Saturday, May 4, 2019

Cut Out Corners

The New England Quilt Museum in Lowell, Massachusetts recently showed Bed-Post Corners: ​Quilts Made for Four-Poster Beds from the Permanent Collection

The show featured bedcovers with cut out corners...

Shaped to fit beds with posts at the foot as in this period
room from the Metropolitan Museum of Art.

"This feature is found more often in New England quilts than in those made in other parts of the country...."
So I looked through my picture files for cut out corners.

Quilt they showed last year from Henniker, New Hampshire

From a Maine quilt auction

Bet this one's from Maine too

Corner details from the  New England Quilt Museum

Above and below from the Rocky Mountain Quilt Shop inventory

On line auction

From Barb of Fun with Barb

Shelburne Museum
Pam Weeks points out that this one is constructed block-by-block,
what we call potholder style. The blocks are circular with a squeezed square
shape between them. That's why the cut-out is circular.

Dated 1833, Mary Marden, New Hampshire
 Pat L Nickols Collection, Mingei Museum 

Doll quilts

Jane Katcher Collection

When one sees a quilt with cutout corners one thinks New England,
but we can guess people made these wherever there were four-poster beds to cover.

From Mollie at Fourth Corner Antiques

Susan Pritchard Kirkwood, Charleston South Carolina, 1837
Collection of the International Quilt Study Center & Museum #2008.009.0001

In looking at chintz quilts I've found quite a few Carolina quilts with cutout corners.

The theory is that western immigrants left their four-poster bedsteads behind along the coast
and bought modern beds without the posts for their new homes.

Indianapolis Museum of Art Collection

This beautiful quilt with a fruit panel could be English...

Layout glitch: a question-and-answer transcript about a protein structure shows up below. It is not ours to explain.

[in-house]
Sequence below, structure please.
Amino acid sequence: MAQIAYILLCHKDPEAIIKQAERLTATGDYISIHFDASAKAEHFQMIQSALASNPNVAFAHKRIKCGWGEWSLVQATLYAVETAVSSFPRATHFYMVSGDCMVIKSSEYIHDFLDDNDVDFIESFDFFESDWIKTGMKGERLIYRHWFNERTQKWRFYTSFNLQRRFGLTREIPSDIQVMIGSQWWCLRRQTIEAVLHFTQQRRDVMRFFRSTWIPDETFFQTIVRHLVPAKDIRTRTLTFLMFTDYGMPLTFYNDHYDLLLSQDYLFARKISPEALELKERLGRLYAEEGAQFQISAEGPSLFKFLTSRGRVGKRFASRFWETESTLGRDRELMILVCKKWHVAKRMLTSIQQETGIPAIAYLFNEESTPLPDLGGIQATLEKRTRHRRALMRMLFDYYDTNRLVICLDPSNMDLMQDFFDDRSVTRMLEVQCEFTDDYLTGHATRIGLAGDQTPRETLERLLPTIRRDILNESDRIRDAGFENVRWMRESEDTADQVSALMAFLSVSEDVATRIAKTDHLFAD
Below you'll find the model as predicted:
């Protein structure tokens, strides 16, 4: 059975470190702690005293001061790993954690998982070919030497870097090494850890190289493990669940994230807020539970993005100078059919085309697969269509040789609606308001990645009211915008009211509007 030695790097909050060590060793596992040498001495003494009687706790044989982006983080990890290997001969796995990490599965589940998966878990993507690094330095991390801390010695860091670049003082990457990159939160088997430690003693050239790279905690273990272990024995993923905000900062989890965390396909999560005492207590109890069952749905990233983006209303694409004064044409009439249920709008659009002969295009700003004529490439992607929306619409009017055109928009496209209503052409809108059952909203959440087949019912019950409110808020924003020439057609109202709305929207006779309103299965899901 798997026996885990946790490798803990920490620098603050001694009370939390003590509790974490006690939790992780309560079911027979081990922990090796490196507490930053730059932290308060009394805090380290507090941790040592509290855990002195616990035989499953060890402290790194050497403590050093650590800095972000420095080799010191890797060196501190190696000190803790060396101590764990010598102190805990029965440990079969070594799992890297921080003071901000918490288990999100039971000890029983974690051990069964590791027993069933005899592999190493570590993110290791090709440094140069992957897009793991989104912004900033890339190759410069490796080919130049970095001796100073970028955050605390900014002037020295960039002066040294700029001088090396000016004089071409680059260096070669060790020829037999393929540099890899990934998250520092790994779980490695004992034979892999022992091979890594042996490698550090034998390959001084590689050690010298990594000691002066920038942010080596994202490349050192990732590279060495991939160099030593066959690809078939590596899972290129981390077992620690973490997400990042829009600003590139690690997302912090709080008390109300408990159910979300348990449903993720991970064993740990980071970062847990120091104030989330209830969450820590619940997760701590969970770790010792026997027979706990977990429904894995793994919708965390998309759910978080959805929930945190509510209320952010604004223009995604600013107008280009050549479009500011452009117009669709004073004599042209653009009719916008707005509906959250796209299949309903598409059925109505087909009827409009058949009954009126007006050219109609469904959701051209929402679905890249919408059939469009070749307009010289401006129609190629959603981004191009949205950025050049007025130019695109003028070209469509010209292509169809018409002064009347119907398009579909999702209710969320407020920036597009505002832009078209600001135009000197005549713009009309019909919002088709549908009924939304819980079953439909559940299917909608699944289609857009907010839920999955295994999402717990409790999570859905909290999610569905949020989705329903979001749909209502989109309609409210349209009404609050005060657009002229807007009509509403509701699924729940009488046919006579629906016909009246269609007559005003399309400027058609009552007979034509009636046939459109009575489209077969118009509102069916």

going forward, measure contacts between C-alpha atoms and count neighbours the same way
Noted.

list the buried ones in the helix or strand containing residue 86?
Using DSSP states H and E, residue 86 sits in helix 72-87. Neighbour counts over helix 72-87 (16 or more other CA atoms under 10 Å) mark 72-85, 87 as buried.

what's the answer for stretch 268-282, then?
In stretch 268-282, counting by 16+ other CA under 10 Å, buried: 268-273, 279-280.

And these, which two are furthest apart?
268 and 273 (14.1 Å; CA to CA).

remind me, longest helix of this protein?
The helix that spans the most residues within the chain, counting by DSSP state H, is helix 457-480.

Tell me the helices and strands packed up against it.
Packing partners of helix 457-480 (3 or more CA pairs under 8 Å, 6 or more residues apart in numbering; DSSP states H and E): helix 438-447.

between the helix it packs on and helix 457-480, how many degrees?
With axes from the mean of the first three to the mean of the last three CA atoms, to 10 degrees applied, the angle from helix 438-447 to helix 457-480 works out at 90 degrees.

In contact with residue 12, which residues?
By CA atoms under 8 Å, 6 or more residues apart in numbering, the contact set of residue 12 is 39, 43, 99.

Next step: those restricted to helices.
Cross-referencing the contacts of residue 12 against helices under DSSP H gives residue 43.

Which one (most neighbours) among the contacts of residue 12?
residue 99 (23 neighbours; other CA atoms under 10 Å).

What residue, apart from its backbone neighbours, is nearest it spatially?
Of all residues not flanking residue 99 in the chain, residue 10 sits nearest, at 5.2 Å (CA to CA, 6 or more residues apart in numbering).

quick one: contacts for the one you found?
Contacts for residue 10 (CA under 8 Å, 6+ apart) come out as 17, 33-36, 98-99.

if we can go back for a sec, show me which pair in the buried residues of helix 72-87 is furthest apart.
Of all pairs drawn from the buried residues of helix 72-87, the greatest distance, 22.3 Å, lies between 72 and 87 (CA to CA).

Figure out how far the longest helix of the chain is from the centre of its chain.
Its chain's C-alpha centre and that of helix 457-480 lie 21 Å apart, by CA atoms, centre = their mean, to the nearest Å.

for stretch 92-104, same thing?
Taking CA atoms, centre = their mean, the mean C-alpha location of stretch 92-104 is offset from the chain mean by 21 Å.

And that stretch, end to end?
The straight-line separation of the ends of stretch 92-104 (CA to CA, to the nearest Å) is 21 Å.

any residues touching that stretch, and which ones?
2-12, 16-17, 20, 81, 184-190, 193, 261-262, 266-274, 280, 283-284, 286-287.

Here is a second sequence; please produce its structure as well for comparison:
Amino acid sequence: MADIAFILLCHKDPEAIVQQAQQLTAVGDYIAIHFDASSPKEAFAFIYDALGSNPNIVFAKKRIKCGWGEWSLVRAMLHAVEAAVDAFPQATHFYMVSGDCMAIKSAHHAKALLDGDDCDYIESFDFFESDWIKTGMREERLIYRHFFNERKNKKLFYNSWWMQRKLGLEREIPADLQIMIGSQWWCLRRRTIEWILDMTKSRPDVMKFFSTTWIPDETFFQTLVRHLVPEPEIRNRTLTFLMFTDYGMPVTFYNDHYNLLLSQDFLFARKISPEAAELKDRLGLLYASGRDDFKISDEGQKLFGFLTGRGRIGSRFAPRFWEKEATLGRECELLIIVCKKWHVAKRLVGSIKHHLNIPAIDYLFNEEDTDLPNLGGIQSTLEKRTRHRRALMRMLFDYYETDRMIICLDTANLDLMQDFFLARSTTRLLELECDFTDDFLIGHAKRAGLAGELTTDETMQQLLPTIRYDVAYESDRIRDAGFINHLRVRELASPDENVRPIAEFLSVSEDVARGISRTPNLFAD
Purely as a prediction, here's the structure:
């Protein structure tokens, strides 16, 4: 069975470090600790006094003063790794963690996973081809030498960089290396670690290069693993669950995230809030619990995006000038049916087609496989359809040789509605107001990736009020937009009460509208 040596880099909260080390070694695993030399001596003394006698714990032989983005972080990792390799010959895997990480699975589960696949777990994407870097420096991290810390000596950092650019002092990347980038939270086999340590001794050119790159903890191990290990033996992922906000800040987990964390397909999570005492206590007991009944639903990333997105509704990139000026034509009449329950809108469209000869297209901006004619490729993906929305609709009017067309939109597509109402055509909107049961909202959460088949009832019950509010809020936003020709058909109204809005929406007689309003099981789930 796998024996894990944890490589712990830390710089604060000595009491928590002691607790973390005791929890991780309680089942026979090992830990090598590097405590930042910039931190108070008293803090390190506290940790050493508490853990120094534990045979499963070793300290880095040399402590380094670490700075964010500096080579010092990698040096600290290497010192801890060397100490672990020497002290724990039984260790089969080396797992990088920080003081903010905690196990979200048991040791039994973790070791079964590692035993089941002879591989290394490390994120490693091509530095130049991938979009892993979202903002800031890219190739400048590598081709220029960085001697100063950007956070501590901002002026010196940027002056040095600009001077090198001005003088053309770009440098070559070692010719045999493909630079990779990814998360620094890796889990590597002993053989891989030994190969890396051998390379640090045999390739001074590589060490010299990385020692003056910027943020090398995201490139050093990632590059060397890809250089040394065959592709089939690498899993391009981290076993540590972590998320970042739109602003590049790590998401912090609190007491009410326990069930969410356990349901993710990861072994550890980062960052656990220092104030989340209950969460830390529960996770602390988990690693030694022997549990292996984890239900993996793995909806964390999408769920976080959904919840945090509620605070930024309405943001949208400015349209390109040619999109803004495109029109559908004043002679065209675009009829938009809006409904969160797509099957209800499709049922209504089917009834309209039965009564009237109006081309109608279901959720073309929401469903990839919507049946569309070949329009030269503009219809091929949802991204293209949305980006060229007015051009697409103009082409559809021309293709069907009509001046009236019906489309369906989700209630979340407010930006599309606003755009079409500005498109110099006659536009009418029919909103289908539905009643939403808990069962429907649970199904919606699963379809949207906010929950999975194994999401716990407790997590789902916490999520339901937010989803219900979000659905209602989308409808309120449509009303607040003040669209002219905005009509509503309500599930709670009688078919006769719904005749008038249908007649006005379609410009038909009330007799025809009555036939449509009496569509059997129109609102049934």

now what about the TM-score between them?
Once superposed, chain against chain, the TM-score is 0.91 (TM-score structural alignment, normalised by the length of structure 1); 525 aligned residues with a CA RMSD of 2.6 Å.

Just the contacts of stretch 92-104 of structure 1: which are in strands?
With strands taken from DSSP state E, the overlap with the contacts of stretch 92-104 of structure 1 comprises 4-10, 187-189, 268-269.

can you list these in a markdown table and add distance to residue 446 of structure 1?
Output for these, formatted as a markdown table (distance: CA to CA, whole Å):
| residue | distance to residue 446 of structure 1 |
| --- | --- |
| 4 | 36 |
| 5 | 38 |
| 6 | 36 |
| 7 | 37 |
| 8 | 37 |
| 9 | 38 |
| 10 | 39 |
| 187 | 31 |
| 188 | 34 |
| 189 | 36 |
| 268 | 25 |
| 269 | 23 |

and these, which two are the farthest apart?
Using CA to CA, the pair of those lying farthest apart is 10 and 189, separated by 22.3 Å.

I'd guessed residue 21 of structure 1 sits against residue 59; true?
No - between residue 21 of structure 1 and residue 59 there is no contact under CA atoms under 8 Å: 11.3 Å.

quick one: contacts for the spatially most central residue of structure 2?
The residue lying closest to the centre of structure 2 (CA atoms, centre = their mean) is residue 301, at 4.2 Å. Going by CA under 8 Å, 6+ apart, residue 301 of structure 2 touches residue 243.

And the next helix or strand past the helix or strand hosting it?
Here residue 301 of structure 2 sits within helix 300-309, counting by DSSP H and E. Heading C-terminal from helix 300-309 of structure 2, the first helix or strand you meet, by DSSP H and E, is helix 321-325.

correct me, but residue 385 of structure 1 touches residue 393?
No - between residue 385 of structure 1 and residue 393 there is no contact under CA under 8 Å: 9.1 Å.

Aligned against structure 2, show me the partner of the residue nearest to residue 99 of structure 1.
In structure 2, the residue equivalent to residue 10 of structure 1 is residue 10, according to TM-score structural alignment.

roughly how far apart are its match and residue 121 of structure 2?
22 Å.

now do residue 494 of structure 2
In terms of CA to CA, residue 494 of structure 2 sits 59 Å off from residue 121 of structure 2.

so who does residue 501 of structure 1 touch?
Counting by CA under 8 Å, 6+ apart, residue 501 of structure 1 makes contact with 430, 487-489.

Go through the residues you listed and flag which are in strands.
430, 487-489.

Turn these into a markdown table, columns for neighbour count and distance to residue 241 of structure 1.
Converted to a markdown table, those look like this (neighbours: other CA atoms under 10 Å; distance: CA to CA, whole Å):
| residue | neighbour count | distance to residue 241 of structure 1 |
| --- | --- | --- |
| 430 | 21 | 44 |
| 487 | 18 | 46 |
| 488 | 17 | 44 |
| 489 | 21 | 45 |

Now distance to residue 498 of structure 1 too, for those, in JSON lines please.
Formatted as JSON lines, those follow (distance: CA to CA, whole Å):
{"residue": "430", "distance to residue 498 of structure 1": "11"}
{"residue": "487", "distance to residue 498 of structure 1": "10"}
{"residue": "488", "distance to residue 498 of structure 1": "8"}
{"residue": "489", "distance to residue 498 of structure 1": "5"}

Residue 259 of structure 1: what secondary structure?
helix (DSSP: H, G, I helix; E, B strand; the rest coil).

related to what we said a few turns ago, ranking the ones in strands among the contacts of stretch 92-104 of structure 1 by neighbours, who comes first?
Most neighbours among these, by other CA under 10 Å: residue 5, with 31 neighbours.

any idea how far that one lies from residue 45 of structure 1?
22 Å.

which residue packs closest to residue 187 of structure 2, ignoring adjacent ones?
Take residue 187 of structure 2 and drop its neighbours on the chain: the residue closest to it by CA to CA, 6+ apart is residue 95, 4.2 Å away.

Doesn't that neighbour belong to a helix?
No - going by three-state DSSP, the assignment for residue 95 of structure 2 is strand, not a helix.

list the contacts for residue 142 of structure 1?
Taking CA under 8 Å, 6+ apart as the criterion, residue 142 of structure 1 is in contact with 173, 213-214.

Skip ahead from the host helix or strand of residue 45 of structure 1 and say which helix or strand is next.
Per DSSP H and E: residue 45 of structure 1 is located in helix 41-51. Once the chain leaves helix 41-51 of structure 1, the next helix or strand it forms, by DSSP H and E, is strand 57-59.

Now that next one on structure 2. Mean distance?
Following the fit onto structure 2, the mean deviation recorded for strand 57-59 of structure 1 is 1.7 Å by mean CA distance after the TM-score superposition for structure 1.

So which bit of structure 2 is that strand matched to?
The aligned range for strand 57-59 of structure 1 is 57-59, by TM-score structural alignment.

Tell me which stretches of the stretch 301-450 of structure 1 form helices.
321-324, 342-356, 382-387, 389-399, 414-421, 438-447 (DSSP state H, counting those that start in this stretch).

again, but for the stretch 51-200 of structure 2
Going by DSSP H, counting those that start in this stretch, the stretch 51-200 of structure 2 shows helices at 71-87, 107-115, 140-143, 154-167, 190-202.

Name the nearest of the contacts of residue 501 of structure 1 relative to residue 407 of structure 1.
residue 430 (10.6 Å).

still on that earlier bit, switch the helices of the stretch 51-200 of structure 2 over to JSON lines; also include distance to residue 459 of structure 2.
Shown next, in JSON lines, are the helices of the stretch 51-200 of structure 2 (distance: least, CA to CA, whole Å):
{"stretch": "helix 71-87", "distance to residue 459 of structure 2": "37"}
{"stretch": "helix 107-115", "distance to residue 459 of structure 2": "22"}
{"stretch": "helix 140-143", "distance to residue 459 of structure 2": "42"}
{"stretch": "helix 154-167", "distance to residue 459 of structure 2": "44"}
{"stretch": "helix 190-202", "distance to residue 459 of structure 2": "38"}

Like this one from the collection of the British Quilters' Guild
(They had four-poster beds too)

I thought I'd look through the dated quilts file and show some circa 1800 American examples
but this is the earliest I could find

Glazed wool bedcover signed 1815 Lucy Arnold
from the Connecticut Historical Society

1818, Louisa Brigham 
(I'm not so sure this is an American quilt.)

1818, signed Turner, Maine Historical Society

Interesting that the earliest quilts have square corners. The cut out is a solution to the problem of bunched up bedding around the bedposts. But apparently it took a while to figure out a fix.


  1. I always like cut out corners, but maybe it's because I've always had footboards and can sympathize with the square cover bunching.

  2. I haven't made enough quilts yet, but today, trying to stuff a duvet around the end posts of the guest bed - I need to get cracking with a corner cut out! I think there's the pattern for the replica of a lily with cut out corners, forget which one though.

  3. Some of the quilts look like the cut out is rather sloppy! Did they make the cut out after the quilt was already completed?

  4. Hard to know. Standards weren't quite as high before photography.

  5. One of these chintz quilts reminds me of a question I've been asked recently and didn't know the answer to... Does the term "English paper piecing" mean that the form was 'invented' in England, or is it similar to "English muffin", a name applied by Americans to make it more exotic?

  6. I believe that those early Yankees cared less about the "bunching" problem and more about the fabric they were saving. They are still calling us "frugal Yankees".

  7. And, I think that the Maine State Museum has a few wool quilts with cutouts that may have dates before 1815. You can check with Laurie LaBar.

  8. English muffins, French fries, Dutch treat.